Castiglione del Lago lies on the shores of Lake Trasimeno in Umbria. A trip aound the lake, stopping at Castiglione del Lago and if possible visiting Isola Maggiore en route, is a pleasure not to be missed when visiting this part of Umbria. The main sights are the Castello del Leone (the Fortress of the Lion) which was built for the Emperor Frederick II by Elia di Cortona and finished in 1247. It has square towers on four of the corners and a triangular donjon known as the Mastio on the other. The Palazzo del Comune was built by Ascanio della Corgna in Renaissance style and is now the civic museum.

More about Lake Trasimeno.

Civitella in Val di Chiana

Civitella in Val di Chiana is located on a high ridge between the valley of the Chiani river and the Val d'Ambra, and providing spectacular views of both. Important sights in Civitella in Val di Chiana include the Chiesa di Santa Maria, the Rocca (Fortress) and the Palazzo Pretorio (Praetorian Palace). The Rocca, which was German headquarters during WW II, was extensively bombed and has not been restored. The Aretine gate suffered a similar fate, but the Siennese gate remains intact. This tranquil and charming village is well worth a visit.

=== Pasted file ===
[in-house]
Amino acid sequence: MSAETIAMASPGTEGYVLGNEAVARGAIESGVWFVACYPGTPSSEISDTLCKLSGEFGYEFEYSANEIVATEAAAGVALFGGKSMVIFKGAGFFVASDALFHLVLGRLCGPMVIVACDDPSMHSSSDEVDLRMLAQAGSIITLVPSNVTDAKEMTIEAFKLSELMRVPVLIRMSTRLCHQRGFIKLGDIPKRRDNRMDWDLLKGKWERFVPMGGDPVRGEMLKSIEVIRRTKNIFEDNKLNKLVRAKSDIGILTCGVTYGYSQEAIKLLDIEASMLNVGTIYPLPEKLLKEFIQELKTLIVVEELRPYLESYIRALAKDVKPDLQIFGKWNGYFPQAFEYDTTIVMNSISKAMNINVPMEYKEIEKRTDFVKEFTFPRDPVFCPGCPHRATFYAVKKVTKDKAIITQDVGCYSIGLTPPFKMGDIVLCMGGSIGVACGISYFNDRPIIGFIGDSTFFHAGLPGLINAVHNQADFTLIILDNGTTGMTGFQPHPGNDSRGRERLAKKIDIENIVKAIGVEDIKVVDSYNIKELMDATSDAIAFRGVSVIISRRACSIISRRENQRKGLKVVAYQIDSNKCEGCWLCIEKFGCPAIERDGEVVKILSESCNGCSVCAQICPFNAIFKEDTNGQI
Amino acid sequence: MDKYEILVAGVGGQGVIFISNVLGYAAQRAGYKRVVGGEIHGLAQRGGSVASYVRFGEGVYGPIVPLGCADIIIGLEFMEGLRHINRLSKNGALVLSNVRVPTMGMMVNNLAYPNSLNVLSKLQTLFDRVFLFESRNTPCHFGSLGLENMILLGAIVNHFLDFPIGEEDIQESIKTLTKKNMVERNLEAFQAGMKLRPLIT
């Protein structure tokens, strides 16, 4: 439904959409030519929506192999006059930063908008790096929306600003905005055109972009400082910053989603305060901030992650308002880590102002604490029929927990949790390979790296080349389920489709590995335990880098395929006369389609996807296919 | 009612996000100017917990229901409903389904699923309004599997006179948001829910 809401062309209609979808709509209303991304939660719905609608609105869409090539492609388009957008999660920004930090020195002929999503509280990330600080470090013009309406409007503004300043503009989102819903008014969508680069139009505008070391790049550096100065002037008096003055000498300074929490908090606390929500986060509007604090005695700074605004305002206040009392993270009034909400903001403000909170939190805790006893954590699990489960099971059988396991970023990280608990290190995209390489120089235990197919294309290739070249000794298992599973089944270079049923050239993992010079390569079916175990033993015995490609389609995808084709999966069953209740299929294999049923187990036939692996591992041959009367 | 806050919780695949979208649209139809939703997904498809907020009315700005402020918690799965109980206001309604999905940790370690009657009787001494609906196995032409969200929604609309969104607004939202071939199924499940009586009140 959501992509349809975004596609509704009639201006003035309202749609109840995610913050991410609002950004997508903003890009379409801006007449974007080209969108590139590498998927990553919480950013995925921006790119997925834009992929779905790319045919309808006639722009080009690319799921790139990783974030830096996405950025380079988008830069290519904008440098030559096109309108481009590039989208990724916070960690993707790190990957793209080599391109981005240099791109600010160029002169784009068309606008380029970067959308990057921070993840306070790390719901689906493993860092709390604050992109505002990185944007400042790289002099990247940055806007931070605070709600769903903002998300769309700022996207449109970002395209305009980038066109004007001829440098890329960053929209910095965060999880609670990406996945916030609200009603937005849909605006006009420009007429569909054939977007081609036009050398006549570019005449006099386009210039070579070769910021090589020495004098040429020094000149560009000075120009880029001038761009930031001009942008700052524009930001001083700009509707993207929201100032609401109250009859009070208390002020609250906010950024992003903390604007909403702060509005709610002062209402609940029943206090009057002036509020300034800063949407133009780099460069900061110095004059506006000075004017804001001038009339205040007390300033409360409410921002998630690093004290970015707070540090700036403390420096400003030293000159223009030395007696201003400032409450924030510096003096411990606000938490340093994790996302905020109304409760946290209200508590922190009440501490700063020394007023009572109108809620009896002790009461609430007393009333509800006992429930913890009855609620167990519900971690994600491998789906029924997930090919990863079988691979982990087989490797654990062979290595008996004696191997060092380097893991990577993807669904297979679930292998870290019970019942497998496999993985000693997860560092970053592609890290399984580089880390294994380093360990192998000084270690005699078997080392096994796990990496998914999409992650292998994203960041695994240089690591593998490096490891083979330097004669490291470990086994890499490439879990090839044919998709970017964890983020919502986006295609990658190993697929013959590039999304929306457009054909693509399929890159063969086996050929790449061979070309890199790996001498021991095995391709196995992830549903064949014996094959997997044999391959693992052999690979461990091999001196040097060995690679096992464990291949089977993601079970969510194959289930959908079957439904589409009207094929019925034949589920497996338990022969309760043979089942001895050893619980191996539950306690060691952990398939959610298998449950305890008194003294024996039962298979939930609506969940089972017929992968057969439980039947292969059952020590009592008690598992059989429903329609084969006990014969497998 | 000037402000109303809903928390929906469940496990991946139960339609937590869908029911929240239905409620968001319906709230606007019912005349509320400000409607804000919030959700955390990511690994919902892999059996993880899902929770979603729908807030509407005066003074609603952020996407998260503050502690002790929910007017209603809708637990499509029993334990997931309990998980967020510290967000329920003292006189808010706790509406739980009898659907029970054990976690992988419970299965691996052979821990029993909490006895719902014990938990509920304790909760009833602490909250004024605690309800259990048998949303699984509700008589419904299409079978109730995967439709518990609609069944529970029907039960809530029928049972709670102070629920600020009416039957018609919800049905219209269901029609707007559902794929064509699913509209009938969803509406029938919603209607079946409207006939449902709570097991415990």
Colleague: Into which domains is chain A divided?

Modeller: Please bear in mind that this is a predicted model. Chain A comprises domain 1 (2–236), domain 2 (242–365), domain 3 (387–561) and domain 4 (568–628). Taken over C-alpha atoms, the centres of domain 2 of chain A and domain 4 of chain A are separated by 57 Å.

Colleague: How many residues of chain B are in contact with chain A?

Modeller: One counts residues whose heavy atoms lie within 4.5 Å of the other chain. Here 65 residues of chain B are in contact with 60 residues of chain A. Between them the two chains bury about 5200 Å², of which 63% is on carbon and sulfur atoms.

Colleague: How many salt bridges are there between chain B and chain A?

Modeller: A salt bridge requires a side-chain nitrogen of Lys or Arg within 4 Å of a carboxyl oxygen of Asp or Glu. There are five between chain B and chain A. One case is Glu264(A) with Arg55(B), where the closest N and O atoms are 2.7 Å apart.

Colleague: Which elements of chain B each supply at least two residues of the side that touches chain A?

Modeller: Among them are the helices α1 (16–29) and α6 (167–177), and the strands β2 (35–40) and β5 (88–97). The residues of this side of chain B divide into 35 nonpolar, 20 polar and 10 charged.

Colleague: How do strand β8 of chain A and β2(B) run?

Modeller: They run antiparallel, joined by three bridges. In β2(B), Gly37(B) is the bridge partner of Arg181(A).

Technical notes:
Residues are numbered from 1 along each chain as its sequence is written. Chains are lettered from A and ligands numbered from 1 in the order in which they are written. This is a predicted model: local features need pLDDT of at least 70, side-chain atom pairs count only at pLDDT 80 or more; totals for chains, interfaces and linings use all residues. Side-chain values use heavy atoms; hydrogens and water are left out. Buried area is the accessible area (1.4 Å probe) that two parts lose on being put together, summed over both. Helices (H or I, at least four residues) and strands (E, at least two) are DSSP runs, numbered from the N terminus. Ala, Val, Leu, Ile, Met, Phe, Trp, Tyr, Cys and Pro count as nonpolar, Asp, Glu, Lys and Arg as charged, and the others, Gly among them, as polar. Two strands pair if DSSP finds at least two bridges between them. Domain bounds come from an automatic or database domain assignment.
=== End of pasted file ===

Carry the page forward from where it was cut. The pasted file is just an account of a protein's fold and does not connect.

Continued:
More about Civitella in Val di Chiana.

Greve in Chianti in Tuscany, Italy

Greve in Chianti is effectively the market town of the Chianti Classico wine area. Unlike the majority of Chianti towns, Greve is located on the floor of a valley instead of on a hill top, about half-way along the scenic Chiantigiana highway (SS 222) that runs from Florence to Siena. Greve has an attractive, arcaded, triangular piazza (Piazza Matteotti) with several ceramics and wine shops, as well as restaurants. The hills surrounding Greve boast many beautiful agriturismi and other rural vacation accommodations, making Greve a centre for farm house holidays in this part of Tuscany. The Greve web site contains much useful information about Chianti.

More about Greve in Chianti.

Massa Marittima in the Maremma